Pedrail Wheel -- Looking for the physical explanation

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Summary:
What is the physical explanation behind the pedrail wheel?
What is the physical explanation behind the pedrail wheel (a.k.a the walking wheel). Someone said it "makes it's own road", but how does it allow a vehicle to climb stairs, navigate rough terrain etc.? I have looked all over the Internet and even visited a university library, but information on this system is limited. I am trying to learn the operative principle(s) underlying this mechanism.

https://en.wikipedia.org/wiki/Pedrail_wheel
http://cyberneticzoo.com/walking-machines/1900-pedrail-walking-wheel-bramah-j-diplock-british/

Would it be possible to fashion a simplified version of the pedrail wheel that fit over a regular tire?

Thanks!
 

Answers and Replies

  • #2
anorlunda
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I'm not sure what you mean by operating principles. This is a case where pictures are better than words. Watch this video and then you can ask questions about it.

 
  • #3
DaveC426913
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Would it be possible to fashion a simplified version of the pedrail wheel that fit over a regular tire?
That sounds like an opportunity! i.e. if someone had solved this problem already, you wouldn't have an opportunity to make your millions by solving it yourself.

The device is simpler than it may look. Between the video anorlunda provided and the wiki age diagram, you can derive the operating principles. It's akin to a tank tread, but as short as possible.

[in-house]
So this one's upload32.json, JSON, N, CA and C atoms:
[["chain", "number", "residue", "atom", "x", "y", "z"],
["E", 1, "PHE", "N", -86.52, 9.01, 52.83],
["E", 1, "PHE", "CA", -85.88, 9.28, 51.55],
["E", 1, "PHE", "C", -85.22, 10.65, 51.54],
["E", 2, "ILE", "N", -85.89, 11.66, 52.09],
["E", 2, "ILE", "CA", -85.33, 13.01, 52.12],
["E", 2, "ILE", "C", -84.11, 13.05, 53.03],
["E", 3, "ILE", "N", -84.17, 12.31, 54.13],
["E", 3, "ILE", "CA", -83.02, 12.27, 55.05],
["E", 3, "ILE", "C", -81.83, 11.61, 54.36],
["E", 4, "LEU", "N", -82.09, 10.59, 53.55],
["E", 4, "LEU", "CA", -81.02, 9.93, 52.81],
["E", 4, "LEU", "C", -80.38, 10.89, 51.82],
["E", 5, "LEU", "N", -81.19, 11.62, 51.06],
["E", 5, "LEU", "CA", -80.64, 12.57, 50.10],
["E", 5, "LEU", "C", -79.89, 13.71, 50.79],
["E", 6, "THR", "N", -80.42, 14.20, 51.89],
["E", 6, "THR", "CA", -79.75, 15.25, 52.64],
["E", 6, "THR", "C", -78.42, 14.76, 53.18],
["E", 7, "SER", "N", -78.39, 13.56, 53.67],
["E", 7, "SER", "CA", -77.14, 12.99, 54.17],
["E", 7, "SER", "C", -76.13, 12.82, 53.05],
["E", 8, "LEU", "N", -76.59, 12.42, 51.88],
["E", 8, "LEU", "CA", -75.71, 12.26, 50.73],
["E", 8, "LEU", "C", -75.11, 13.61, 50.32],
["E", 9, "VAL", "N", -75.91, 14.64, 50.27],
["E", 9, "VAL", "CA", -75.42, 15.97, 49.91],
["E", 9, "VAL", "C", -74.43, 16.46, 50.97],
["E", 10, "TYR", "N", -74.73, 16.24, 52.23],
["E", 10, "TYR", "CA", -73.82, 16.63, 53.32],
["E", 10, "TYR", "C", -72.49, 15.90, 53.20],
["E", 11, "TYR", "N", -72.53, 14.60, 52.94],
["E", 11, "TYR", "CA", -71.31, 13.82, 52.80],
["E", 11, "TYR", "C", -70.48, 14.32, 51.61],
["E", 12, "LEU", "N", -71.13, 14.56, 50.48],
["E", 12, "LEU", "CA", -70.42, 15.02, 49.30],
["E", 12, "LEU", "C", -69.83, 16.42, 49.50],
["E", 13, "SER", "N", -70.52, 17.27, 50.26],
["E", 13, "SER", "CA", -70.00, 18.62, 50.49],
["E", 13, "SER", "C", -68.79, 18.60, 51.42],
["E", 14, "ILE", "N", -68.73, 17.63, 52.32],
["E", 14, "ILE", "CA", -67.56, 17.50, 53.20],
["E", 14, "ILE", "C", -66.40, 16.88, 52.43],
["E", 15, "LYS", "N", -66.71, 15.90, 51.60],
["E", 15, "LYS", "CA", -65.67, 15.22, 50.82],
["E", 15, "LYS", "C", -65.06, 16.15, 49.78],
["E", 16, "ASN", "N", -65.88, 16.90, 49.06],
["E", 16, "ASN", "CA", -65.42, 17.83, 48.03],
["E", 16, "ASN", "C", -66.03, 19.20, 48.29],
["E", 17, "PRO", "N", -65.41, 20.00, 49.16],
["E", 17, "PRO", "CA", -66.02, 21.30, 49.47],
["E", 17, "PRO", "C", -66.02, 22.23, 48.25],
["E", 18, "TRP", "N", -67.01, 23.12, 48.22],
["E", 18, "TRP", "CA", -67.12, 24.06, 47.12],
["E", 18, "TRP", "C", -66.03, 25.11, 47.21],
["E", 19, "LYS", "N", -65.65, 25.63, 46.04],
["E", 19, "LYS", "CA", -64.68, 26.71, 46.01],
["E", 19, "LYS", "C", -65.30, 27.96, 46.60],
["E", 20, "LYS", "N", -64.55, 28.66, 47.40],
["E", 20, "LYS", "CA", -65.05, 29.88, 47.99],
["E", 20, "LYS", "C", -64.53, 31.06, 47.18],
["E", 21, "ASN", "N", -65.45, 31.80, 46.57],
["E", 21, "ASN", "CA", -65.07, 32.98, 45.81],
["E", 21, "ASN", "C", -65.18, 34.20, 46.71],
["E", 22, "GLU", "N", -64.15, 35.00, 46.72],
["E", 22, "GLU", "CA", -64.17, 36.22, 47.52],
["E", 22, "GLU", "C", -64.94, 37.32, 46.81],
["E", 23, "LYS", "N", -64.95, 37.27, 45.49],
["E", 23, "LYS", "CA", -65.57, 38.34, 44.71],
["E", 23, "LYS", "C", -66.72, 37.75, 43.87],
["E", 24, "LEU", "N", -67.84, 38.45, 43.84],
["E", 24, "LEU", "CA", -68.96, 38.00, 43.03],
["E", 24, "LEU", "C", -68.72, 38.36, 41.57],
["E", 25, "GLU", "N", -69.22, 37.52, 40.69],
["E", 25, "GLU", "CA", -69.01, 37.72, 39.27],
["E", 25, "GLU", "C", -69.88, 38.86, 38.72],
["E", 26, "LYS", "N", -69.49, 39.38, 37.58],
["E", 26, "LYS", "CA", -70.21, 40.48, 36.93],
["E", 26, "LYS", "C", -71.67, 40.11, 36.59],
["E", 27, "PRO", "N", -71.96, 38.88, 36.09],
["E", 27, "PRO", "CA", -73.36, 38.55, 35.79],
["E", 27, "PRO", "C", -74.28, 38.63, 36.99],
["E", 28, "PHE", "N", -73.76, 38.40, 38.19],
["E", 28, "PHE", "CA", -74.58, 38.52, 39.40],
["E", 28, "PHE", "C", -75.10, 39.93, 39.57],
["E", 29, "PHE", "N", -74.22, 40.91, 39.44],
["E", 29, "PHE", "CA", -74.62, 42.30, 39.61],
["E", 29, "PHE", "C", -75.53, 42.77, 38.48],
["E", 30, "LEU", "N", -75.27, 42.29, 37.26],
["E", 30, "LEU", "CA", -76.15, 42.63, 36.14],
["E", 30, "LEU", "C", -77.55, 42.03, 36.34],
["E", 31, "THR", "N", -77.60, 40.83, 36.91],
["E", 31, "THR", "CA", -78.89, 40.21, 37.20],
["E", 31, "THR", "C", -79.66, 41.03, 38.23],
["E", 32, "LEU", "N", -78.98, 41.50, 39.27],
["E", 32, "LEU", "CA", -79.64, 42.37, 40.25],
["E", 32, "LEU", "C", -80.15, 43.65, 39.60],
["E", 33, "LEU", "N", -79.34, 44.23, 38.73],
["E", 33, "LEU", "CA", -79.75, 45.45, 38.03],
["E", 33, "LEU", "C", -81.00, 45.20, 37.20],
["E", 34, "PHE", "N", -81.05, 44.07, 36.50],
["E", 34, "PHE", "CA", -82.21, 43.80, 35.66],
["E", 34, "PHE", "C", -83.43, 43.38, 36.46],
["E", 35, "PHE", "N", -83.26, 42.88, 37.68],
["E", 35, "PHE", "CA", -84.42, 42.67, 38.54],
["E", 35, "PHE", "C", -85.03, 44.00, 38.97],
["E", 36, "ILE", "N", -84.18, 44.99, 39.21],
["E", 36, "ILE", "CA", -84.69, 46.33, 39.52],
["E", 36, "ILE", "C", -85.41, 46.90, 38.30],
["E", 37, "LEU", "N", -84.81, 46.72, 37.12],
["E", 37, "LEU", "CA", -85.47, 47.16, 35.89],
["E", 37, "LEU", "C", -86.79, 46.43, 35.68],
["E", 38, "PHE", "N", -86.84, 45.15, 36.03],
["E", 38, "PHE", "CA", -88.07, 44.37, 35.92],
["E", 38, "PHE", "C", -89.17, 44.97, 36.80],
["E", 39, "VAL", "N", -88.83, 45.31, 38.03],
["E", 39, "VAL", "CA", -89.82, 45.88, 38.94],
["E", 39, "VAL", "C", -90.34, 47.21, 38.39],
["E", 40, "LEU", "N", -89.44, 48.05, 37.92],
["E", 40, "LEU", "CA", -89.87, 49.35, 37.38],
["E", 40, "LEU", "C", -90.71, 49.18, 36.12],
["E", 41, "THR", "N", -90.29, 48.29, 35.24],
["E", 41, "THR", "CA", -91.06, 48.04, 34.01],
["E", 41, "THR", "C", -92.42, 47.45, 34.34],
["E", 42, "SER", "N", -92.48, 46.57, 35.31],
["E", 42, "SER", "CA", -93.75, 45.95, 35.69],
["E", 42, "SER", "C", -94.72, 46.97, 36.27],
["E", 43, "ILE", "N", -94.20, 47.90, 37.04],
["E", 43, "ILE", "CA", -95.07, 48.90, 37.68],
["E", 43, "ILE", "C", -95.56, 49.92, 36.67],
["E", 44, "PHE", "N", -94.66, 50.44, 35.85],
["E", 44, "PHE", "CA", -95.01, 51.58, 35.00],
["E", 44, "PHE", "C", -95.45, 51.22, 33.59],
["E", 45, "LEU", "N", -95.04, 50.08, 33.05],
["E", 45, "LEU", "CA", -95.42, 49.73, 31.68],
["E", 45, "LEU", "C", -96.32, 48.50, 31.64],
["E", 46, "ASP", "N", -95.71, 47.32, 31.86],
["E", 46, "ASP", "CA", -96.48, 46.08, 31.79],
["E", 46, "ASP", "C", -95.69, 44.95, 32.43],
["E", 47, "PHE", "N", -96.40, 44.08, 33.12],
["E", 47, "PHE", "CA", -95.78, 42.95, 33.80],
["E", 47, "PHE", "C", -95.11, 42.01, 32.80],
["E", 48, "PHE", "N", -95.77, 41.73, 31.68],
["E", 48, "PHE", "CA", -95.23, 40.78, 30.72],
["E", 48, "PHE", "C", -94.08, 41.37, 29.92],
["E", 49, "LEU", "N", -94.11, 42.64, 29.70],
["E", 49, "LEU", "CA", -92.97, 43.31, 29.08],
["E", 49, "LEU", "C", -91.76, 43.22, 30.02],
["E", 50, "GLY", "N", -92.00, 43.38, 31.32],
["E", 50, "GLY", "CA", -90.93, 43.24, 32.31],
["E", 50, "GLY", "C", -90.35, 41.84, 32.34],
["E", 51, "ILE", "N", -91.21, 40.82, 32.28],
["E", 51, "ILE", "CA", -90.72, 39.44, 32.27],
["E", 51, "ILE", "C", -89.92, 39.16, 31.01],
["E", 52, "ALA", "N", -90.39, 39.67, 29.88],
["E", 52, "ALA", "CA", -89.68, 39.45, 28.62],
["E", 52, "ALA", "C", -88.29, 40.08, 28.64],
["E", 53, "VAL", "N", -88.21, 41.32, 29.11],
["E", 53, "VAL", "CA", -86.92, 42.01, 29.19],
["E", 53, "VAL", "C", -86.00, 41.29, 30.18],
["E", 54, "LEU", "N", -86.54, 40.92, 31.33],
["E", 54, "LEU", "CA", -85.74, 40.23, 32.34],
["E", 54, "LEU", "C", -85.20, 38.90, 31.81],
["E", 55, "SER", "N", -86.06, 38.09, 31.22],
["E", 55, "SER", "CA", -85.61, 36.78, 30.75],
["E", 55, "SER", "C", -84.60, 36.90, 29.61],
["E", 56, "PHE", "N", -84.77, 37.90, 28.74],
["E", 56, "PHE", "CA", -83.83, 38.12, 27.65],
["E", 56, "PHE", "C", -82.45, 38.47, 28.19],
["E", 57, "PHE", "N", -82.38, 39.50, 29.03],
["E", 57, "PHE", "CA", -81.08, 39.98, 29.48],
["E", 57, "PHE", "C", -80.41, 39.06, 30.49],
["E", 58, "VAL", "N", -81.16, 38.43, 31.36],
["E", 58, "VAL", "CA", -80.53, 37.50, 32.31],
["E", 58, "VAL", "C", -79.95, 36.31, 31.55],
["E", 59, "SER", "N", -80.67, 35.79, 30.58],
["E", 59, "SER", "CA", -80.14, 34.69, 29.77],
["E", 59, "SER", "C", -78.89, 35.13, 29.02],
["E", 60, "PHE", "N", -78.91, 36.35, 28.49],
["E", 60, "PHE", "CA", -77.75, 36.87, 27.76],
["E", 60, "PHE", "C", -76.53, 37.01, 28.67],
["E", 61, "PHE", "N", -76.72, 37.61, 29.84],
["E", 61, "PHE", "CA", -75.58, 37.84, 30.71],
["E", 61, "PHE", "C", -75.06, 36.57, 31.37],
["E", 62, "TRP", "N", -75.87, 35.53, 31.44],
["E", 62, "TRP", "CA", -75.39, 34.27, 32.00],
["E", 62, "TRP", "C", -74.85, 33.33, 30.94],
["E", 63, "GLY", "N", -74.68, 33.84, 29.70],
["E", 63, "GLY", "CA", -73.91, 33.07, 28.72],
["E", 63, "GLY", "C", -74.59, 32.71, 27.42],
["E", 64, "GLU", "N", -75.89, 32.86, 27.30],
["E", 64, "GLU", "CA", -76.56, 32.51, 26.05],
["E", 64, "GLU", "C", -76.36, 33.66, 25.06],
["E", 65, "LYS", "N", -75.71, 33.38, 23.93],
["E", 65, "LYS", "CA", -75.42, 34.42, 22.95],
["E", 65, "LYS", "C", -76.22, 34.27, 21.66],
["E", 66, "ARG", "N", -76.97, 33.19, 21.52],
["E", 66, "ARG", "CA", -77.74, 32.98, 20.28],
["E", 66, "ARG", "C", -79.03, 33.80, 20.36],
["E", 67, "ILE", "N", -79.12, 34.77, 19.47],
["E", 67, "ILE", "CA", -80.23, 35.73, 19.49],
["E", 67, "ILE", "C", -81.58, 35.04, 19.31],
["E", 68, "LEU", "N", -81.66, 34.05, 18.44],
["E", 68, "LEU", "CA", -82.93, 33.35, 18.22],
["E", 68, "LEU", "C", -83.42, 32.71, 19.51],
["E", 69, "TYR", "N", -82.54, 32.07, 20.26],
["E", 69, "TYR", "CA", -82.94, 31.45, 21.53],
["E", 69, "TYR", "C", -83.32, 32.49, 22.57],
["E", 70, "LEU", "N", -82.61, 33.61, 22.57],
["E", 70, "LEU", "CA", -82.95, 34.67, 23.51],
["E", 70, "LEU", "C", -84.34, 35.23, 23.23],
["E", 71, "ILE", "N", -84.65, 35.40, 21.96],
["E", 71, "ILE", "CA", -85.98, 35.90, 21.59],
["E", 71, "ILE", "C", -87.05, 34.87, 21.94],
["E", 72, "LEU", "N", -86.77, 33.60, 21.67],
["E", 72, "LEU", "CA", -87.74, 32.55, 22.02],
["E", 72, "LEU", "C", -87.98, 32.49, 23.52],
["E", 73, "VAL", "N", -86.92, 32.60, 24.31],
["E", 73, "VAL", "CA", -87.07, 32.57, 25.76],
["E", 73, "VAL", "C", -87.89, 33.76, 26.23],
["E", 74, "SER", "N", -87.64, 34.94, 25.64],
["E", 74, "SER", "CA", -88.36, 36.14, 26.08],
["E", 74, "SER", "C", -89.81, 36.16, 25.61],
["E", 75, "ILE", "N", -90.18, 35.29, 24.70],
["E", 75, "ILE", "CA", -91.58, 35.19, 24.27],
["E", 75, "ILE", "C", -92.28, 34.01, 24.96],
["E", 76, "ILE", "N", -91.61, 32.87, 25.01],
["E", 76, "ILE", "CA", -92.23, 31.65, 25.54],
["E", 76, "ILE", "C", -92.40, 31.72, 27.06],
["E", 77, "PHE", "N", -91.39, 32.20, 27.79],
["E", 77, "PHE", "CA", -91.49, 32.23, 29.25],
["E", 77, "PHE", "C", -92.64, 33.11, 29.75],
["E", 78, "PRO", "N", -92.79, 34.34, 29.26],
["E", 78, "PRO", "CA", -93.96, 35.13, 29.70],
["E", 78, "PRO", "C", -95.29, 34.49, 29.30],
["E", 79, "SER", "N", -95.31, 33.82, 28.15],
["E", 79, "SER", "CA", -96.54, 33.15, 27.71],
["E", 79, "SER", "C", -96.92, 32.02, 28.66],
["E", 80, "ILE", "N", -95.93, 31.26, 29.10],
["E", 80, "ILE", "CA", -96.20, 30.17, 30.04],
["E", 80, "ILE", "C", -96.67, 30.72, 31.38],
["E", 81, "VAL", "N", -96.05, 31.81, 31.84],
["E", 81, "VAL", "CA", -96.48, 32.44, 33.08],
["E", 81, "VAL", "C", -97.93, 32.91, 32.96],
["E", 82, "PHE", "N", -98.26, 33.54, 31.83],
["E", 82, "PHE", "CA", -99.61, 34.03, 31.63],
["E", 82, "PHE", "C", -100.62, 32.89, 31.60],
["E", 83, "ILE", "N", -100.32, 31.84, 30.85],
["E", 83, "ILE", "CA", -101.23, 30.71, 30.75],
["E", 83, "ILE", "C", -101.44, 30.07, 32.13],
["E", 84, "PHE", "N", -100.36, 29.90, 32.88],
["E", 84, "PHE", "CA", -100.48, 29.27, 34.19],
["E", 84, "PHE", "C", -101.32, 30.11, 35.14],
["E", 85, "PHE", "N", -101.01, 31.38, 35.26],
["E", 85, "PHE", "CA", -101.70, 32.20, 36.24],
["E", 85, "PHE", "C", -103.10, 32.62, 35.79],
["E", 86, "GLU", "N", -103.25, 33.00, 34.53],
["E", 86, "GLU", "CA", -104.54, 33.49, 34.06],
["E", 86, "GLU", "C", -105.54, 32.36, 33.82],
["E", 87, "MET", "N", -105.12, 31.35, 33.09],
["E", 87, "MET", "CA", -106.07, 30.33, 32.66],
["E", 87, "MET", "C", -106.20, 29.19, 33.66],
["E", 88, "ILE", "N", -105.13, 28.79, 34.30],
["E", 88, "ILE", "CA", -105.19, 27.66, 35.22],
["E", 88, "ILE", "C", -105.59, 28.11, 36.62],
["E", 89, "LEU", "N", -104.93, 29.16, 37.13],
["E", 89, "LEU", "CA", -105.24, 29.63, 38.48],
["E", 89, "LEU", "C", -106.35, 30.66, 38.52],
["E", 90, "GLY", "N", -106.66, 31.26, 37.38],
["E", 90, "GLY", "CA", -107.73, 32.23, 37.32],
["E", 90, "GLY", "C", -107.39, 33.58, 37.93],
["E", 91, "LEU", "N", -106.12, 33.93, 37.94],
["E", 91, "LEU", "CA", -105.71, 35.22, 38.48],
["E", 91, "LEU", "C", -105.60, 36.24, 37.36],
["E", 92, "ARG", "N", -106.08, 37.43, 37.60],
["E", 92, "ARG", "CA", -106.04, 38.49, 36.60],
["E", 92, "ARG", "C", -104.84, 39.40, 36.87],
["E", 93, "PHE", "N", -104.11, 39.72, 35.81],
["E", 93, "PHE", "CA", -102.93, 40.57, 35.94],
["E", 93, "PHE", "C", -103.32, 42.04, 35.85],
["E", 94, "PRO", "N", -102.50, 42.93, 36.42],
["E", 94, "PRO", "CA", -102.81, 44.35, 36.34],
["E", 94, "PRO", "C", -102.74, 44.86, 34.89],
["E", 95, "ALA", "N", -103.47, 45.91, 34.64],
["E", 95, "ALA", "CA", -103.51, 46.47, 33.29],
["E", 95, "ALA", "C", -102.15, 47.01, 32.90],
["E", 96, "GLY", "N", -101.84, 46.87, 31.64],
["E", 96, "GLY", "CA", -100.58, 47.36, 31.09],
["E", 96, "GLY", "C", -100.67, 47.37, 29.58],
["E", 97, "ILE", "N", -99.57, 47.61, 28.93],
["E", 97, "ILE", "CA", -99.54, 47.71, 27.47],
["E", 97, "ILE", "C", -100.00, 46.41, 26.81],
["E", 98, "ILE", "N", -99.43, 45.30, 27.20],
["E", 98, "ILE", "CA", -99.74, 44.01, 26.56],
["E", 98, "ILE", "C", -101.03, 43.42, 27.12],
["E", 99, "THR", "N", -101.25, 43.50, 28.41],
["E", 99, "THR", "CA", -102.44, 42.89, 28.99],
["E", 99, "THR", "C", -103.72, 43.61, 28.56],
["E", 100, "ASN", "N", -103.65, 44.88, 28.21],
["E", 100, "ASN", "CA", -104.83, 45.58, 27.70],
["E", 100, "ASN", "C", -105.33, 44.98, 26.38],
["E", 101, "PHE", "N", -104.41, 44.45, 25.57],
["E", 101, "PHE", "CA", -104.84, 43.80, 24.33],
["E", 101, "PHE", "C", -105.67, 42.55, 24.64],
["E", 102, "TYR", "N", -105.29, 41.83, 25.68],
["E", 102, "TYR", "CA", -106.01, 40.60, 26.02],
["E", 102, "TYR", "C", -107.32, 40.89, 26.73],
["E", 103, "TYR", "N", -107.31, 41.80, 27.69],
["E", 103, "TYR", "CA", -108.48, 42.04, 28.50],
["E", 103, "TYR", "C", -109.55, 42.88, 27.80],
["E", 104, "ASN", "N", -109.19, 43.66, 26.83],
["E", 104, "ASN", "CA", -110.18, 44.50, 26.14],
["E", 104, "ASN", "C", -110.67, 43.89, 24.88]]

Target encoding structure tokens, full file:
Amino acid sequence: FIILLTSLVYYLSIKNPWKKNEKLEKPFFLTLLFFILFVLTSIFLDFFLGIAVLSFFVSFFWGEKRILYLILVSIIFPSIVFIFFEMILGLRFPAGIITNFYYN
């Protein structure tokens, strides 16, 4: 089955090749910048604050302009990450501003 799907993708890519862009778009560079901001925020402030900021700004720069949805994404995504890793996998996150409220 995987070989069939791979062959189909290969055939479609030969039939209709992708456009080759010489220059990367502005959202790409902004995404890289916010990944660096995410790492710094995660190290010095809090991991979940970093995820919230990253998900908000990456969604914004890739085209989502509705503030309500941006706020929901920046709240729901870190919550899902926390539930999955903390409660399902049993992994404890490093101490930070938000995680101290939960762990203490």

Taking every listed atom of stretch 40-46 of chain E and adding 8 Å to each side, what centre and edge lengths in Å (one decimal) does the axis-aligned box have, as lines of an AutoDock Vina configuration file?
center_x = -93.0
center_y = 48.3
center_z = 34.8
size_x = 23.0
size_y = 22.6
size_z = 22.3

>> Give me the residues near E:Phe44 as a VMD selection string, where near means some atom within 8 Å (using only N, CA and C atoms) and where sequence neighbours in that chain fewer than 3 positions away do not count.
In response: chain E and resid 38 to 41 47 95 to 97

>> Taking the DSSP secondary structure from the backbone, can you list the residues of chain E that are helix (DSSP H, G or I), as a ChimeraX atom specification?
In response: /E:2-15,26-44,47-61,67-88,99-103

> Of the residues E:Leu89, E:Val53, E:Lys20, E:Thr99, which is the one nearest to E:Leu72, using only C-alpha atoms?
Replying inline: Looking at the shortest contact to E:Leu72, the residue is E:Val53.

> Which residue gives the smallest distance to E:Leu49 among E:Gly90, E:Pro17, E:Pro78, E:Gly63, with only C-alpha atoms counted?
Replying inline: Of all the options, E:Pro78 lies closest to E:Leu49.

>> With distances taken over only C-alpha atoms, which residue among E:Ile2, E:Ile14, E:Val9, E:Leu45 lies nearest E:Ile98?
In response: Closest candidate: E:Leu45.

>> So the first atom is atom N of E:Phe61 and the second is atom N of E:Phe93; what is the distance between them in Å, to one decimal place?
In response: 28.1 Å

• #4
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I'm not sure what you mean by operating principles. This is a case where pictures are better than words. Watch this video and then you can ask questions about it.



Thank you! Is the wheel simply riding over the feet?
 
  • #5
DaveC426913
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Thank you! Is the wheel simply riding over the feet?
Not quite. The hub (which is attached to the axle) has a flat bottom that forces the bottom four or so feet into a flat, surface-hugging shape - much like the tread of a tank does.

1638987485844.png


1638987589639.png

I just realized - it is functionally equivalent to simply riding on flat tires! (And that is possibly the secret to making this a practical invention.)
 
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Not quite. The hub (which is attached to the axle) has a flat bottom that forces the bottom four or so feet into a flat, surface-hugging shape - much like the tread of a tank does.

What would prevent this from losing traction in mud and allow a two wheel drive tractor to go in places a regular two wheel drive vehicle could not?
 
  • #7
Baluncore
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Could it be possible to fashion a simplified version of the pedrail wheel that fit over a regular tire?
The Dreadnaught wheel will give a smoother ride, and could be adapted to fit onto a tyre if there was sufficient clearance, or smaller wheels were used.
 
  • #8
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The Dreadnaught wheel will give a smoother ride, and could be adapted to fit onto a tyre if there was sufficient clearance, or smaller wheels were used.
How does a Dreadnaught wheel work?
 
  • #10
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Would that be too terribly hard to fabricate for a classic car?
 

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